Circadian (daily) rhythms are a crucial component of human health that regulates sleep, alertness, hormones, metabolism, and many other biological processes. The ultimate explanation for the mechanism of circadian oscillators will require characterizing the structures, functions, and interactions of the molecular components of these clocks. The current project is to elucidate the basic principles of circadian clocks at a biophysical/molecular level in a model system, the prokaryotic cyanobacteria, where genetic/biochemical studies have identified three key clock proteins, KaiA, KaiB, and KaiC. These three proteins can reconstitute a circadian oscillator in vitro; this remarkable demonstration has led to a re-evaluation of our understanding of circadian clocks in all organisms, including mammals. Moreover, the crystal structures of the KaiA, KaiB, and KaiC proteins have been reported-these are the first clock proteins to have their 3-D structures determined. The advent of atomic resolution structures of the molecular components of this circadian pacemaker marks a dramatic watershed in circadian research by ushering in truly molecular analyses of circadian mechanisms. The current project will determine the molecular basis of the core clockwork by biochemical/biophysical, genetic, and structural approaches. Three critically important unanswered questions in chronobiology are to explain how the biochemical mechanism (i) can be temperature compensated, (ii) operates rhythmic outputs under some conditions but not others, and (iii) is able to keep time accurately in the face of changes in metabolism. This project will face these issues head-on. Temperature compensation of this biological clock will be investigated by screening for temperature dependent mutants of KaiC, KaiB, and KaiA in vivo. These mutations will be mapped onto the 3-D structures of the proteins to generate specific hypotheses that will be tested by novel in vitro biochemical analyses and targeted mutations. The rate constants and other biochemical data that result from the analyses of these mutants will be integrated with our previous data to generate models that account for the temperature-compensated, 24 h time constant of the in vitro oscillator. Differential expression of circadian rhythms under some conditions but not others (conditionality) is based on novel mechanisms of codon usage in cyanobacteria, and the mechanism and adaptiveness of this fascinating phenomenon will be analyzed as well as recruited to maximize cost-effective production of biopharmaceuticals. Finally, a novel hypothesis with far-reaching implications will be analyzed, namely that accurate circadian timekeeping requires compensation for metabolic perturbations, of which temperature change is only one among many such perturbations. The answers to these questions will lead to wide-ranging insights into the mechanisms and applications of biological timekeeping.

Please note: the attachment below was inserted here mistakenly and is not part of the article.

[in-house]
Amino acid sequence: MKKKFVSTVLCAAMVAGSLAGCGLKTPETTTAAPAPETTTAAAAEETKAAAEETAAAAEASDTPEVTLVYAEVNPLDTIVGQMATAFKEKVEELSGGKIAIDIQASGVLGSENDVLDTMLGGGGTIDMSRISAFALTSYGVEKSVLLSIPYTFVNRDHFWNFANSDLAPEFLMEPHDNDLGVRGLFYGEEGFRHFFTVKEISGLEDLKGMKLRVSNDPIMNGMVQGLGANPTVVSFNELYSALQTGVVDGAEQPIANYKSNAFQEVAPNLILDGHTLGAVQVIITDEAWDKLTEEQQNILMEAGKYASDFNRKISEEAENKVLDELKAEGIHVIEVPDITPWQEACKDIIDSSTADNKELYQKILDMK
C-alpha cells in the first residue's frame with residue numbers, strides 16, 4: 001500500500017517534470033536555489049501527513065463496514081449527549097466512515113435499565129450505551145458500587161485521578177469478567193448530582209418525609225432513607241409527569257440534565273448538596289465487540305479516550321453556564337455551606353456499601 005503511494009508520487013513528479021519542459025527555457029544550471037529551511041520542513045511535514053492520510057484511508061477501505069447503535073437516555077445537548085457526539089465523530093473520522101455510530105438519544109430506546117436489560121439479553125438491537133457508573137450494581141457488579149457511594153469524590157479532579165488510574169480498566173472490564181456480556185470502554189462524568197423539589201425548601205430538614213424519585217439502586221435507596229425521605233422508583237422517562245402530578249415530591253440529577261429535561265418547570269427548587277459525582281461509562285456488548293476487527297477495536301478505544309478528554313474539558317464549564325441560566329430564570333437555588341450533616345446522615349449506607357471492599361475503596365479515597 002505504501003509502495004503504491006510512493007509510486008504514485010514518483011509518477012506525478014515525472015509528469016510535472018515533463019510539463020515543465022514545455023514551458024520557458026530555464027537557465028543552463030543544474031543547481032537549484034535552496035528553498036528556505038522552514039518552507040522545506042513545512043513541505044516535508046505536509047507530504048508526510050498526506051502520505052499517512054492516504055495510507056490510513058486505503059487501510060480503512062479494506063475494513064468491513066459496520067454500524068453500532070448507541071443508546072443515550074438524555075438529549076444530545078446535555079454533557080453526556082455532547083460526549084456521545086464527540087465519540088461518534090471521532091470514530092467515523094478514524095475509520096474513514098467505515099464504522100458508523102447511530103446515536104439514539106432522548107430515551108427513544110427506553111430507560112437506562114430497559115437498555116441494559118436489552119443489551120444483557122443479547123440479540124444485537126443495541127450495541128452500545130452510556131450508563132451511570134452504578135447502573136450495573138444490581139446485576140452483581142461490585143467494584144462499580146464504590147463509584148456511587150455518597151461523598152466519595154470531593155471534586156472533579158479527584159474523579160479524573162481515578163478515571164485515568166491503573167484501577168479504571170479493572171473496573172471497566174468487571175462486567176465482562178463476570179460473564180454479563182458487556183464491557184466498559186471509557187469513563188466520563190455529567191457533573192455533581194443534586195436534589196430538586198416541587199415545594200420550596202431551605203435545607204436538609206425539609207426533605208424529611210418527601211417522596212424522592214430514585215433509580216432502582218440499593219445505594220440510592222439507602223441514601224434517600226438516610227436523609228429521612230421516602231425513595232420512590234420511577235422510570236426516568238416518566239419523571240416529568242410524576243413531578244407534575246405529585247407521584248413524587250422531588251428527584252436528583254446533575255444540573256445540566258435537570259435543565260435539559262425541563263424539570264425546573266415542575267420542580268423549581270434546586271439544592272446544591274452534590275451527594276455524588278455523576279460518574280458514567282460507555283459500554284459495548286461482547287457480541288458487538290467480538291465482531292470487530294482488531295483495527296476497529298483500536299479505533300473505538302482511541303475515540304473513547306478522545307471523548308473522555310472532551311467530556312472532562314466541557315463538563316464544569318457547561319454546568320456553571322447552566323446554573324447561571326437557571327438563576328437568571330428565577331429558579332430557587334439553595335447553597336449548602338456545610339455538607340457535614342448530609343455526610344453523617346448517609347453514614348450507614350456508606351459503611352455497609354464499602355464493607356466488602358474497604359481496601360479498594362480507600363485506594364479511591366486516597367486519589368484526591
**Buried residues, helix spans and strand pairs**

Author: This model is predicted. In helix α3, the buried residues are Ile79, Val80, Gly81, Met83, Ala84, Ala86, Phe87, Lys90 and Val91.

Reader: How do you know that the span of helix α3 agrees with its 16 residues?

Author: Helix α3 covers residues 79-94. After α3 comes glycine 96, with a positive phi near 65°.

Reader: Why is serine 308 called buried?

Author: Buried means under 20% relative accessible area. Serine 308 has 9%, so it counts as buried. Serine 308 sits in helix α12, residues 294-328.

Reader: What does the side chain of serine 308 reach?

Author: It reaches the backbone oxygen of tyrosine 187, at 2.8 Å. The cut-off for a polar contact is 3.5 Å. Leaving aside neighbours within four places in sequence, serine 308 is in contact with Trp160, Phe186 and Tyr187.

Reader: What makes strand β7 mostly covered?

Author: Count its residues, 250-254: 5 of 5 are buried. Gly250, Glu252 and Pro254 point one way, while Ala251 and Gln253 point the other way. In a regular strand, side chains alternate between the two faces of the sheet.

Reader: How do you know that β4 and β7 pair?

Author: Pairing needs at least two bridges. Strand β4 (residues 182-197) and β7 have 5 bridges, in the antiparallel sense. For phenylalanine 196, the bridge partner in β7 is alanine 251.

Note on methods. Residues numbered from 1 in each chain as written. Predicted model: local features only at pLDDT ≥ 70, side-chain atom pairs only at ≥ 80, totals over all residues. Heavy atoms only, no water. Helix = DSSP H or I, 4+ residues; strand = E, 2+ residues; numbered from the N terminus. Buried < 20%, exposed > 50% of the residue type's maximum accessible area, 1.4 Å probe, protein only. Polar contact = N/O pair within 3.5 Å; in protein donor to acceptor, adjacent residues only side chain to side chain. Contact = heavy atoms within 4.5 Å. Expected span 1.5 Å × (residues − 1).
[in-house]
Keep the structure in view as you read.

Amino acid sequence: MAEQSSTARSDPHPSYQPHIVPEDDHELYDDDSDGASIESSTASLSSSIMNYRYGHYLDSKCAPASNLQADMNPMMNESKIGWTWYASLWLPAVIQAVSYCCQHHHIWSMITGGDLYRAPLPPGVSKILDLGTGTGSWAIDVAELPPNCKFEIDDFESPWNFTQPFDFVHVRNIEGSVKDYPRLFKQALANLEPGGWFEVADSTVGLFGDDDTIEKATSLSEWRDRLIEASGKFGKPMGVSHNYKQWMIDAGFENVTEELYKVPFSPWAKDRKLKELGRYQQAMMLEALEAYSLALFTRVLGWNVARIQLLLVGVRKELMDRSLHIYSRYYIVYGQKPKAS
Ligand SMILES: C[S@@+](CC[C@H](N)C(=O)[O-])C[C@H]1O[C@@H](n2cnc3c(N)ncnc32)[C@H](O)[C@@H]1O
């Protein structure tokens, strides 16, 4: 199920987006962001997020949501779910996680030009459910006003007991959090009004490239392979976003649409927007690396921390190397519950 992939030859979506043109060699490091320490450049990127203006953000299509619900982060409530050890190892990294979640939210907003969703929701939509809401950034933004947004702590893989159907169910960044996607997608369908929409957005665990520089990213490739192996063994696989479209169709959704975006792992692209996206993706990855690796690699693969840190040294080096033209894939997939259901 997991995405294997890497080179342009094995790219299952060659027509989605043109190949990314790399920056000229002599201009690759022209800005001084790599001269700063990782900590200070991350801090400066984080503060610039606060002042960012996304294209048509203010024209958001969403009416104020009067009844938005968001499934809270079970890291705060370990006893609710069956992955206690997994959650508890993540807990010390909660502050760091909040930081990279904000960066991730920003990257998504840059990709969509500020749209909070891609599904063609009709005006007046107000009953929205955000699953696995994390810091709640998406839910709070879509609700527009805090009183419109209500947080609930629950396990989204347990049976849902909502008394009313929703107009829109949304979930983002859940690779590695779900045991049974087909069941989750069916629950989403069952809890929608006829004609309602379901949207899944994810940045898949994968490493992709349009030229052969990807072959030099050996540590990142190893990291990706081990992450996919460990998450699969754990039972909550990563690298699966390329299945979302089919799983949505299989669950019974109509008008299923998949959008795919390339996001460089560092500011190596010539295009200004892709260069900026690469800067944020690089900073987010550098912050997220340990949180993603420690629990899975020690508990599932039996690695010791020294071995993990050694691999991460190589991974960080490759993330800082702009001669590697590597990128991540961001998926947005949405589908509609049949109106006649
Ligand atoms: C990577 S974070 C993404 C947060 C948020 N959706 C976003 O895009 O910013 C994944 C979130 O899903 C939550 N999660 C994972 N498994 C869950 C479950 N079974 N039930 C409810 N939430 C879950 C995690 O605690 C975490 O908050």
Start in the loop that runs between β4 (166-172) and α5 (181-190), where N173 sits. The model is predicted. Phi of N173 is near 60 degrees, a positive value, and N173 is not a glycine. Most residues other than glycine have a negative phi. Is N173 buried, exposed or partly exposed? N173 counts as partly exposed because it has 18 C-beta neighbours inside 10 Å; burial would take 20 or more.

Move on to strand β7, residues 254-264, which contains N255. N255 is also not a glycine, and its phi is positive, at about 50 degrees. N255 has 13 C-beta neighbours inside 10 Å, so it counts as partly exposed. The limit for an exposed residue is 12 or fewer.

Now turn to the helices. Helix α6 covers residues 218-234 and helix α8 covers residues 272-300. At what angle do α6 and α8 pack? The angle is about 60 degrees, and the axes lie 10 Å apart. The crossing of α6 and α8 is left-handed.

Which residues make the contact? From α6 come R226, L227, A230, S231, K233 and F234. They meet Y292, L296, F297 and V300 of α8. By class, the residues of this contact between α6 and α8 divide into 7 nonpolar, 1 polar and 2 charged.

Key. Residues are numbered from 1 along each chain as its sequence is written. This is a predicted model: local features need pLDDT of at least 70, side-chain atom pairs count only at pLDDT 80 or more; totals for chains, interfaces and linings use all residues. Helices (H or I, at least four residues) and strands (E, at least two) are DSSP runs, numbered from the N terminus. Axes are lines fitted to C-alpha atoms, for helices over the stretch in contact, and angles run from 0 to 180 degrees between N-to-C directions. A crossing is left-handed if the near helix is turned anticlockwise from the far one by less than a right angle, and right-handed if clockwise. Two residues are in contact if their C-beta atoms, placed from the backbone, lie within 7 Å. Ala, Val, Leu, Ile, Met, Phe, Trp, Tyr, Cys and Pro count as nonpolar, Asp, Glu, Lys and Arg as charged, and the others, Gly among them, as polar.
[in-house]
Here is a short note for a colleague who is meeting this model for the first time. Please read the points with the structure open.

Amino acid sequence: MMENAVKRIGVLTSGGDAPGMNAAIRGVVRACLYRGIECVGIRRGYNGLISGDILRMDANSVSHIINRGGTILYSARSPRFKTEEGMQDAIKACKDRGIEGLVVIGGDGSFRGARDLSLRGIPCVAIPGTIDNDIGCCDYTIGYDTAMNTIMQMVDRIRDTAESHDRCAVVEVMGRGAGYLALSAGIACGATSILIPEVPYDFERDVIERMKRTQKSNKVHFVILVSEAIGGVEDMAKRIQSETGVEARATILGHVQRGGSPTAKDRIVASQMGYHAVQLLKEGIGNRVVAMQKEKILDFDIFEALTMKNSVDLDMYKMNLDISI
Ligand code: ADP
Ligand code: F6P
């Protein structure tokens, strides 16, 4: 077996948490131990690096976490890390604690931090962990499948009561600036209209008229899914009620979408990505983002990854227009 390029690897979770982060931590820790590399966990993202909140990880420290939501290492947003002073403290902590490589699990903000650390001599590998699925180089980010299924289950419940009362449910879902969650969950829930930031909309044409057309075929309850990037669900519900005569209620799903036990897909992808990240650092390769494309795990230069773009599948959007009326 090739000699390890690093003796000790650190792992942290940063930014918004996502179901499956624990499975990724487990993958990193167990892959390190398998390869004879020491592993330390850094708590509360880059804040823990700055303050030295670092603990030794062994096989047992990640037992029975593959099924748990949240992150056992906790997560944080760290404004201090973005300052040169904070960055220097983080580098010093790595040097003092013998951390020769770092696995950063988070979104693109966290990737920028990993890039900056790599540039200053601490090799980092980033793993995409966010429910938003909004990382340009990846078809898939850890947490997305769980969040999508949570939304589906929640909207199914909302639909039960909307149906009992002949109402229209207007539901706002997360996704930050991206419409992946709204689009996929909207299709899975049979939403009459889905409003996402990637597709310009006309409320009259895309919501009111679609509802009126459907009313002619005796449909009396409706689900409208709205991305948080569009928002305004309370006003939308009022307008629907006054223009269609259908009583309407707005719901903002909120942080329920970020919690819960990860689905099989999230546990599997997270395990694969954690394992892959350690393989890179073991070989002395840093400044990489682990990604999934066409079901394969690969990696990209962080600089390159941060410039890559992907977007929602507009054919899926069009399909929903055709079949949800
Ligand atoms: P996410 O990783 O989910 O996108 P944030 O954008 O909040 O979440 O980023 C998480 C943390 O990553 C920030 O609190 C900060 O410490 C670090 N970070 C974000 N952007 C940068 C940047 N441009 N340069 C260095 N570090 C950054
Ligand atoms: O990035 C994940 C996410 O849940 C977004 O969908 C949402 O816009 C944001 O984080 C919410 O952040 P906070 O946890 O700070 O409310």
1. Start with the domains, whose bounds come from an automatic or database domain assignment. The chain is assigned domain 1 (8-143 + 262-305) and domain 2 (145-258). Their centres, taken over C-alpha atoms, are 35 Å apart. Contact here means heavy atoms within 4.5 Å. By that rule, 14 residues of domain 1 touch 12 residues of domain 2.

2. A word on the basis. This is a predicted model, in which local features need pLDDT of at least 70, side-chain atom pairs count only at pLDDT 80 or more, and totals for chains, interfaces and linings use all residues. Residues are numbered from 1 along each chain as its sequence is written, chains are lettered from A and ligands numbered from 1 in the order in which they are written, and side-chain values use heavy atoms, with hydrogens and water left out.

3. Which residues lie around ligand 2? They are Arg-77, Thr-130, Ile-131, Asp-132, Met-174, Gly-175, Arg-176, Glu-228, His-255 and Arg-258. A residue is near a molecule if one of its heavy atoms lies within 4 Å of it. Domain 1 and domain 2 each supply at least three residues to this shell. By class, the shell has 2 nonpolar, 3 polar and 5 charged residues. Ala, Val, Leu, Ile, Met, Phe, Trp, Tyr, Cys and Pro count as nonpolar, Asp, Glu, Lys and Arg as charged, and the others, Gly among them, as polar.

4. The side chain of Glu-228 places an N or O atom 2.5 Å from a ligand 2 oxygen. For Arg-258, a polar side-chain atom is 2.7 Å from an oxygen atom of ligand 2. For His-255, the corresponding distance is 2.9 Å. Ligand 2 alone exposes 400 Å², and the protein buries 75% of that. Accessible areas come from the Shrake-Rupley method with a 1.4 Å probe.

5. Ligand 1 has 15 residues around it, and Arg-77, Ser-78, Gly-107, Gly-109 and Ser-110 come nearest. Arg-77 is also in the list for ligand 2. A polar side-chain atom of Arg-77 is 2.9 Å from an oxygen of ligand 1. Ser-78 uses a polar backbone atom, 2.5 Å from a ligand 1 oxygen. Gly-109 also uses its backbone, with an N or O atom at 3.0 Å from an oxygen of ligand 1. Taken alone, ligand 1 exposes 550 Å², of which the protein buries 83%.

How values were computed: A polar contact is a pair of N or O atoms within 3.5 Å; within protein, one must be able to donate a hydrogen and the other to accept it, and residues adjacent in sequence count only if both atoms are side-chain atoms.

Public Health Relevance

This project will clarify circadian mechanisms at molecular levels that were heretofore unreachable. Biological clocks have been found to be crucial for physical and mental health; cancer, metabolic disorders, cardiovascular disease, and depression are associated with the disruption of these timing systems by genetic and/or environmental disturbance (i.e., by shiftwork or 'jet-lag'). Knowledge of circadian mechanisms along with the development of therapies to properly phase sleep will allow us to enhance health, performance, and well-being in addition to improving the quality of life for depressed subjects.

National Institute of Health (NIH)
National Institute of General Medical Sciences (NIGMS)
Method to Extend Research in Time (MERIT) Award (R37)
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Cellular Signaling and Regulatory Systems Study Section (CSRS)
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Sesma, Michael A
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Vanderbilt University Medical Center
Schools of Arts and Sciences
United States
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Mori, Tetsuya; Sugiyama, Shogo; Byrne, Mark et al. (2018) Revealing circadian mechanisms of integration and resilience by visualizing clock proteins working in real time. Nat Commun 9:3245
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Qin, Ximing; Mori, Tetsuya; Zhang, Yunfei et al. (2015) PER2 Differentially Regulates Clock Phosphorylation versus Transcription by Reciprocal Switching of CK1? Activity. J Biol Rhythms 30:206-16

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